Despite decades of educational efforts and awareness campaigns, many people cling to the mistaken belief that individuals with mental health disorders are dangerous, incompetent, or otherwise inherently and irrevocably flawed – and when this happens to people with a mental health disorder, it’s called self-stigma, which is a remarkably common phenomenon among people with bipolar disorder.
The unrelenting stigmatization of mental illness can have a profound negative impact on those who are living with depression, schizophrenia, personality disorders, and other mental health concerns. The many potential effects of mental health stigma include:
- Diminished interpersonal support
- Delayed academic progress
- Difficulties finding and keeping a job
- Fewer opportunities for career advancement
- Increased risk of being bullied or otherwise harassed
- Social withdrawal or ostracization
- Failure to seek treatment
The judgements and misinformed opinions of others can cause significant harm, but stigma is not solely an external influence. As we mention above, people who have mental illnesses often internalize the hurtful comments that they have heard or been told directly.
Self-stigma can understandably undermine the confidence and self-esteem of anyone with any type of mental health disorder. Recent research indicates problematic among people with bipolar disorder.
The Roots of Self-Stigma
Self-stigma occurs when a person with a mental illness begins to believe the negative thoughts and opinions that they have heard expressed about people who struggle with mental health concerns.
But where did these external viewpoints originate? Why do so many people continue to view mental illness (and the people who develop them) in such a harsh and unforgiving light?
In a detailed review of mental health stigma in the journal EMBO Reports, author Wulf Rössler reported that this unfortunate phenomenon has existed for thousands of years. For example, during the Middle Ages, mental illness was viewed as a punishment from God, and was often addressed by putting the mentally ill individual to death.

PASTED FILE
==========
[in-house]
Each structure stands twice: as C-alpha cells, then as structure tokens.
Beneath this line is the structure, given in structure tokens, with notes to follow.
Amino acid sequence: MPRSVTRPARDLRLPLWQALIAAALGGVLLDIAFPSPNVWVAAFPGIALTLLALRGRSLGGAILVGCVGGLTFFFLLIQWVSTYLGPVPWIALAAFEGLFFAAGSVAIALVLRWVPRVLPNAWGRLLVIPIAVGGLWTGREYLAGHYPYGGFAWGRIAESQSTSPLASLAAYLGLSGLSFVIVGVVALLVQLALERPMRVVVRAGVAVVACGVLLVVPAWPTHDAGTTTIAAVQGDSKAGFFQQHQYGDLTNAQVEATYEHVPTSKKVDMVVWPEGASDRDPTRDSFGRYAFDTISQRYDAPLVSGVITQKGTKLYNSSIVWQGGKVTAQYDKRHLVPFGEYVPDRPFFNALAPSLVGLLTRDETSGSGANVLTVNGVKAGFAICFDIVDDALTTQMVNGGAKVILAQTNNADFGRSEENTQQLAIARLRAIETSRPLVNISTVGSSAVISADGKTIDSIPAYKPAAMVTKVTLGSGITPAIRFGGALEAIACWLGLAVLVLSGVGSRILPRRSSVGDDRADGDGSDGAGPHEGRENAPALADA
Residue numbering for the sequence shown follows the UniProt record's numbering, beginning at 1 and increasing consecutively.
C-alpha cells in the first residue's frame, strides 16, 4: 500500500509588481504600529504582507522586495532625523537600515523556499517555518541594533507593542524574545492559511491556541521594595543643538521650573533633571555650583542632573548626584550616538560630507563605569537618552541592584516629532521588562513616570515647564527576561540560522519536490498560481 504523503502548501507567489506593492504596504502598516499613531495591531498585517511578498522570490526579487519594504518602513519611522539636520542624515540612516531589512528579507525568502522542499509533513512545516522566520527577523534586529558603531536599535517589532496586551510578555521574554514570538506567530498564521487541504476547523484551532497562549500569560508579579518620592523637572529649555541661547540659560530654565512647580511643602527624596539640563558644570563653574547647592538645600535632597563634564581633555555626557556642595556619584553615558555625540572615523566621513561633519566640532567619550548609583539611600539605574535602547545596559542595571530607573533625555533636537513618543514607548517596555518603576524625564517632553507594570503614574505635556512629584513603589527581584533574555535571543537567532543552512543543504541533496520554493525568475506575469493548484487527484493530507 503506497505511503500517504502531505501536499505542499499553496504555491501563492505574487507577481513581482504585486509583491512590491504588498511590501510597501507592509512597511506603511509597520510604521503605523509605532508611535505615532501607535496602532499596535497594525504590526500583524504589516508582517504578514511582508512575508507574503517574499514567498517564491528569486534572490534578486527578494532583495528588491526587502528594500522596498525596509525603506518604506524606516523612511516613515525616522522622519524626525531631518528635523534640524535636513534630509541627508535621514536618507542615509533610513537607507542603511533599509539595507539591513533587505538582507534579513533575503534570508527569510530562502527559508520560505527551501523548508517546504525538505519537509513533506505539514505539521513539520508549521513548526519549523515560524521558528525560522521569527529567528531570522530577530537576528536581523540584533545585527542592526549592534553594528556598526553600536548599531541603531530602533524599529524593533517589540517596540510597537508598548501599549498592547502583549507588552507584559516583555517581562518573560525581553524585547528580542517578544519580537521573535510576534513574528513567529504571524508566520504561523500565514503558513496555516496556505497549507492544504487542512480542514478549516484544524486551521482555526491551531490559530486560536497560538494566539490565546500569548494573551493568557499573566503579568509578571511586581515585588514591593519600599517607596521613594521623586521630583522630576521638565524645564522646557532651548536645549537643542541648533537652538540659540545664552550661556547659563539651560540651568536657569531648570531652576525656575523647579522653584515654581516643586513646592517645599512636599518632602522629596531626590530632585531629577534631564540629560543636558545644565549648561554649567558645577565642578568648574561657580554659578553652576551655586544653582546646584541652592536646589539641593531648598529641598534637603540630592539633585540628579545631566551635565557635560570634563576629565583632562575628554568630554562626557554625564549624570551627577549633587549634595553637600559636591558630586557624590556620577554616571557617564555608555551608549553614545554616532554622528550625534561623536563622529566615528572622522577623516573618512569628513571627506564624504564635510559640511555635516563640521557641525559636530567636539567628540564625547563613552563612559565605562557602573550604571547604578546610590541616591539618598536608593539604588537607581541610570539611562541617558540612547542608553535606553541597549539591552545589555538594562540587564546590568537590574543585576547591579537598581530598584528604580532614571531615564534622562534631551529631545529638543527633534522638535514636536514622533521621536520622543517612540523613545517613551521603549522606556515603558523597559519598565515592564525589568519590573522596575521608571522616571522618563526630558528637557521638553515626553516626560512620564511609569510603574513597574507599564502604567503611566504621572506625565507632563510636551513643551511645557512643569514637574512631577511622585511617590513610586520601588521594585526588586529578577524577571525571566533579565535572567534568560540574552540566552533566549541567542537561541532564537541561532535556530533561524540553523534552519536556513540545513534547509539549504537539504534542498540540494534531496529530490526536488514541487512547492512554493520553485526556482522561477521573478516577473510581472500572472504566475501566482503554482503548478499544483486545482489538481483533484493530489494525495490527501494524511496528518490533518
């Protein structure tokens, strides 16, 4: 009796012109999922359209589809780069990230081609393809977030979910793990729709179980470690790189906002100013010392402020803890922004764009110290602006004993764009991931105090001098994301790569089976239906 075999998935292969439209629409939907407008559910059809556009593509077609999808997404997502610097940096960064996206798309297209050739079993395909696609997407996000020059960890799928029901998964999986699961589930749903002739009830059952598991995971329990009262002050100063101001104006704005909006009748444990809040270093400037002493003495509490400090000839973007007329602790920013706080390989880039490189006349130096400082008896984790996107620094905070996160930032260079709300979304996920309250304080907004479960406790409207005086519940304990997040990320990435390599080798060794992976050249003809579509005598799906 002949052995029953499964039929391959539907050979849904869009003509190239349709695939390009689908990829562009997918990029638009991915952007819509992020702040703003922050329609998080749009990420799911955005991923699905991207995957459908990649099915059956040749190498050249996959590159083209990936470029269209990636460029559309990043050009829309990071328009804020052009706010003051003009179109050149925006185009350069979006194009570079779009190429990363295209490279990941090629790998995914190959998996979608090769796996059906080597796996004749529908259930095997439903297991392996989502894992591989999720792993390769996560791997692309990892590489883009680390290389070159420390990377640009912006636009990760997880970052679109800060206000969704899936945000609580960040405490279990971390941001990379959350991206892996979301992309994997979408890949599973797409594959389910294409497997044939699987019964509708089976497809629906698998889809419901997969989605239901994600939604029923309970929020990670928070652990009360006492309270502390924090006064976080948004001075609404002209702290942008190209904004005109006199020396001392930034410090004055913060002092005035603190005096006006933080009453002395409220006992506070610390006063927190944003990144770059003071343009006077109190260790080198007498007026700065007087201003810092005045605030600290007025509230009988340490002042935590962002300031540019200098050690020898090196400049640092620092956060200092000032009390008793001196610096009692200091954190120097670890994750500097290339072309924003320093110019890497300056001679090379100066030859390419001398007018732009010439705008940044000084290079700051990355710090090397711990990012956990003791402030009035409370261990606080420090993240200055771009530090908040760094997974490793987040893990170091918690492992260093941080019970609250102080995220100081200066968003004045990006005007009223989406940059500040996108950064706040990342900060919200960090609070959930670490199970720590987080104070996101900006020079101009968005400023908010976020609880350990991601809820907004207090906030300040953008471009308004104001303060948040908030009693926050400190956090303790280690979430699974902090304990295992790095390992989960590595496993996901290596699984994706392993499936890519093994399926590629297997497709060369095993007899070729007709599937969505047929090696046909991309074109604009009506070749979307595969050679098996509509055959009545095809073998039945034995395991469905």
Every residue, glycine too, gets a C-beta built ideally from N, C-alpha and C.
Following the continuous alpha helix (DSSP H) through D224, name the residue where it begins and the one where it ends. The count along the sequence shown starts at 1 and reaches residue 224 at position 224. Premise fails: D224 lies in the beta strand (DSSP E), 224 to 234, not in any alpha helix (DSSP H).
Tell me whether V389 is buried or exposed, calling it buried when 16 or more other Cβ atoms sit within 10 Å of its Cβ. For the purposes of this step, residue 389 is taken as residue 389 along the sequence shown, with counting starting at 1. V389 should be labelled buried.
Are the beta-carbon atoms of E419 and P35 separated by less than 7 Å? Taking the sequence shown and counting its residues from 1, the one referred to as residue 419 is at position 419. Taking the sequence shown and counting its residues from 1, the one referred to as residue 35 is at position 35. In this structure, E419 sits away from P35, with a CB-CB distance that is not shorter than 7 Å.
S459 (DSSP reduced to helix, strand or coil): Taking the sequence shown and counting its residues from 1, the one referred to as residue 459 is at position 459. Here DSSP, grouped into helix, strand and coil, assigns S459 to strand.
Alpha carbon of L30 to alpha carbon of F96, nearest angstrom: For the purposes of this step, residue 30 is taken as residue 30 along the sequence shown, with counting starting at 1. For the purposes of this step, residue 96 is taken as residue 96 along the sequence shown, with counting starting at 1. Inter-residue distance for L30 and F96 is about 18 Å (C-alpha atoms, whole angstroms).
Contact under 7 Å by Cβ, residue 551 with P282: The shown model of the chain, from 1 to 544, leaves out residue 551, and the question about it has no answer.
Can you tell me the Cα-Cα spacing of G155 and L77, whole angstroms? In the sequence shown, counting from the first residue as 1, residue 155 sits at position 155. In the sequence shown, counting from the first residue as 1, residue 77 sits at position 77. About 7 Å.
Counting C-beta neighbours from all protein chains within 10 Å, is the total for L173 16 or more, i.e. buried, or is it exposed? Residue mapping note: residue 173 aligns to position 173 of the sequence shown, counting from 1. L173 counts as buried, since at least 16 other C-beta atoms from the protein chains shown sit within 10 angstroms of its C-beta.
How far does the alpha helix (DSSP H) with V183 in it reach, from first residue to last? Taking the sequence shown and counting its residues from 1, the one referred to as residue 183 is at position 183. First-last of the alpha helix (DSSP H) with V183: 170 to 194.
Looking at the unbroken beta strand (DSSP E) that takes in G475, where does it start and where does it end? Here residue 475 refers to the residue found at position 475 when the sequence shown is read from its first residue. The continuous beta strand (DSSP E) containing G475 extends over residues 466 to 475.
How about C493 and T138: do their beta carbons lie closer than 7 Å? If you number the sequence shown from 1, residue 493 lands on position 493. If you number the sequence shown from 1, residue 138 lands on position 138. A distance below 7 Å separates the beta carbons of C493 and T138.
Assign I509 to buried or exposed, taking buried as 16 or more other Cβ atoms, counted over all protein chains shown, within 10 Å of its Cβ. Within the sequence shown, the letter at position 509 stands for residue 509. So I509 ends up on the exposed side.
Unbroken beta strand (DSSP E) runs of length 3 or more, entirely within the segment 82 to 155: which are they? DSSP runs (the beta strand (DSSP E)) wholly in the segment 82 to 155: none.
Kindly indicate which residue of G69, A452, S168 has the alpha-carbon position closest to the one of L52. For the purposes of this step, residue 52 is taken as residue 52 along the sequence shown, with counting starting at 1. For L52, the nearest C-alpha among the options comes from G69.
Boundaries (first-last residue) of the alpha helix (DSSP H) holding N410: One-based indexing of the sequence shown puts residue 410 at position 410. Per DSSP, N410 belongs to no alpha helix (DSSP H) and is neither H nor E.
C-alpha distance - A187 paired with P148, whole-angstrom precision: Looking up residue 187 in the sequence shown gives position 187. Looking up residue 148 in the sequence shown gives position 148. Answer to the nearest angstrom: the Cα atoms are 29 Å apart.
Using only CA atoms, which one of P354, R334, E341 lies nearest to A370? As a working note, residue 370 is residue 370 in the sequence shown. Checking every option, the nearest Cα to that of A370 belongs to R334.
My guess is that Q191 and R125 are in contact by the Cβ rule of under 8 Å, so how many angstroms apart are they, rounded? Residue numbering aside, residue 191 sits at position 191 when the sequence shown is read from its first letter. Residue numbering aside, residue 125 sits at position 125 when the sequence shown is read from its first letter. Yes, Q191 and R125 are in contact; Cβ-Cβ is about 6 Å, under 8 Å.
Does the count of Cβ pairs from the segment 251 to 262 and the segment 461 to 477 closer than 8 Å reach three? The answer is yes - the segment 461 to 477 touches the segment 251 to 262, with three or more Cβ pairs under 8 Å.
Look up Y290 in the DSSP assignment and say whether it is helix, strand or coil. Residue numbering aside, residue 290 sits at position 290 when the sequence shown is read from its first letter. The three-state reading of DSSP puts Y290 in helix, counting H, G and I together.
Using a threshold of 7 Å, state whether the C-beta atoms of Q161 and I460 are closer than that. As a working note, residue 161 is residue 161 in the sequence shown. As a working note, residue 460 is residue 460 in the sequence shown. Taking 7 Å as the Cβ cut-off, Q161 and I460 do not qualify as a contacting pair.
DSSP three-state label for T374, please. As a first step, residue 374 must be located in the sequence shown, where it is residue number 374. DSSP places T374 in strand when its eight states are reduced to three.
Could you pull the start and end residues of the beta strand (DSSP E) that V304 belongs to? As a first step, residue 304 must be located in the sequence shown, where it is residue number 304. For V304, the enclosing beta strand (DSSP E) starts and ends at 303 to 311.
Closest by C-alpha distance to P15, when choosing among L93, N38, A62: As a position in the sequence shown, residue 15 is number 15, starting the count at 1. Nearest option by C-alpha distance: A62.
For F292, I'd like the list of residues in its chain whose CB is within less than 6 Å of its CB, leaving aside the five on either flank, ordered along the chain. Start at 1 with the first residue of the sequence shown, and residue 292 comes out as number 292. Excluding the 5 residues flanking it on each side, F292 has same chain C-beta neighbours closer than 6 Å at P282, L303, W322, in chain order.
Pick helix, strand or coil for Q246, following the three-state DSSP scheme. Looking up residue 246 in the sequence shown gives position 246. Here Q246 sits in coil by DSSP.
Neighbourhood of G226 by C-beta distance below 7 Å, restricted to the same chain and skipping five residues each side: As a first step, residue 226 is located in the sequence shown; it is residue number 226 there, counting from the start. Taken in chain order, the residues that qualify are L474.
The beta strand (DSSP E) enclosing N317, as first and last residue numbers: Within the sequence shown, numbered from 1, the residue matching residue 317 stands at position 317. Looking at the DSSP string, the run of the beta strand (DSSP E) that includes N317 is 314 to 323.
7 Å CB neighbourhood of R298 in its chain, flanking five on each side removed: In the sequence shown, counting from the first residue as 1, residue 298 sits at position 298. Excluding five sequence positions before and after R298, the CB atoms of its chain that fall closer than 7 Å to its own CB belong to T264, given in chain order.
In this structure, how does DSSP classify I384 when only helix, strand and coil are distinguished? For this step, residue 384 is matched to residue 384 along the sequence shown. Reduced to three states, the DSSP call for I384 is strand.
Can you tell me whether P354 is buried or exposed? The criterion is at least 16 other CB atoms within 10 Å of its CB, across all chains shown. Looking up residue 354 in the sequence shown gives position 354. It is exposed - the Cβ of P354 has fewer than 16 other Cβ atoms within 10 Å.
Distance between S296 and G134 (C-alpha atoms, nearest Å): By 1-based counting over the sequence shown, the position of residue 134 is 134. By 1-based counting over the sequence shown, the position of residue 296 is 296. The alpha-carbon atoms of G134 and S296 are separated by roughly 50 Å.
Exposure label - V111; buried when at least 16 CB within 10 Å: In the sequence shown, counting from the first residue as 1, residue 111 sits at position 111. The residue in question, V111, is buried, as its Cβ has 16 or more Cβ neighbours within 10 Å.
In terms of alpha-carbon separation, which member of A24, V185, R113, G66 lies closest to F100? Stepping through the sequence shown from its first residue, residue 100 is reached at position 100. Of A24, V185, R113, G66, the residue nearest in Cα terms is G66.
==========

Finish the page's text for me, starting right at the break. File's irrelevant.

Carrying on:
Unfortunately, the fears that caused this horrific approach continue to permeate the modern world. Rössler observes:
“The stigma attached to mental illness is ubiquitous. There is no country, society or culture where people with mental illness have the same societal value as people without a mental illness.”
Many forces contribute to stigma, Rössler explained, drawing attention to factors such as:
- Unfamiliarity. Rössler reported that people with schizophrenia face much greater stigmatization than people with depression. He hypothesized that this is because people are more familiar with depression.
- Mass media. Both fictional accounts of mental illness and sensationalized news reports reinforce problematic stereotypes.
- The healthcare industry. Rössler connects the time when we hid people with mental illness in institutions to modern studies that reveal bias among professionals toward people with mental illness.
When someone grows up in a culture where mental health stigma is virtually omnipresent, Rössler wrote, they often apply this negative viewpoint to themselves if they, themselves, develop a mental illness.
In other words, someone who conditioned to believe that mental illness results from weak character or other inherent flaws may view themselves as weak or flawed when they receive a mental health diagnosis.
What Self-Stigma Feels Like
Kelly C. Kirby, MS, LPCC, is a mental health professional who has bipolar disorder. In a post on the website of the International Bipolar Foundation (IBF), Kirby reported that she sometimes views this disorder as an enemy, and sometimes considers it as her “partner in life.”
“When I reflect on this ideological difference, I wish I could blame external events or influential people for my shifting perspective,” Kirby wrote. “However, I know that my focus changes most drastically because of self-stigma.”
For Kirby, self-stigma manifests as a fear that she isn’t up to the challenge of managing her symptoms while also meeting her personal and professional responsibilities. Here’s how she describes this:
The clouds roll in, though, and I can quickly turn on myself. My thoughts change from “I’m doing well” to “I’m going to fail” sharply and almost without notice sometimes. …
The thought that causes me the most difficulty is “I can’t handle this.” Once I’m there, self-stigma strongly settles in. I begin to doubt my loved ones and their intentions, believing that I need to “protect them” from my thoughts and feelings. I consider that others in my profession judge me for having this diagnosis and suddenly feel like I need to compensate in some way; I will take on extra work or create a new project for myself, all in an effort to “prove” that I “still have worth” in some way.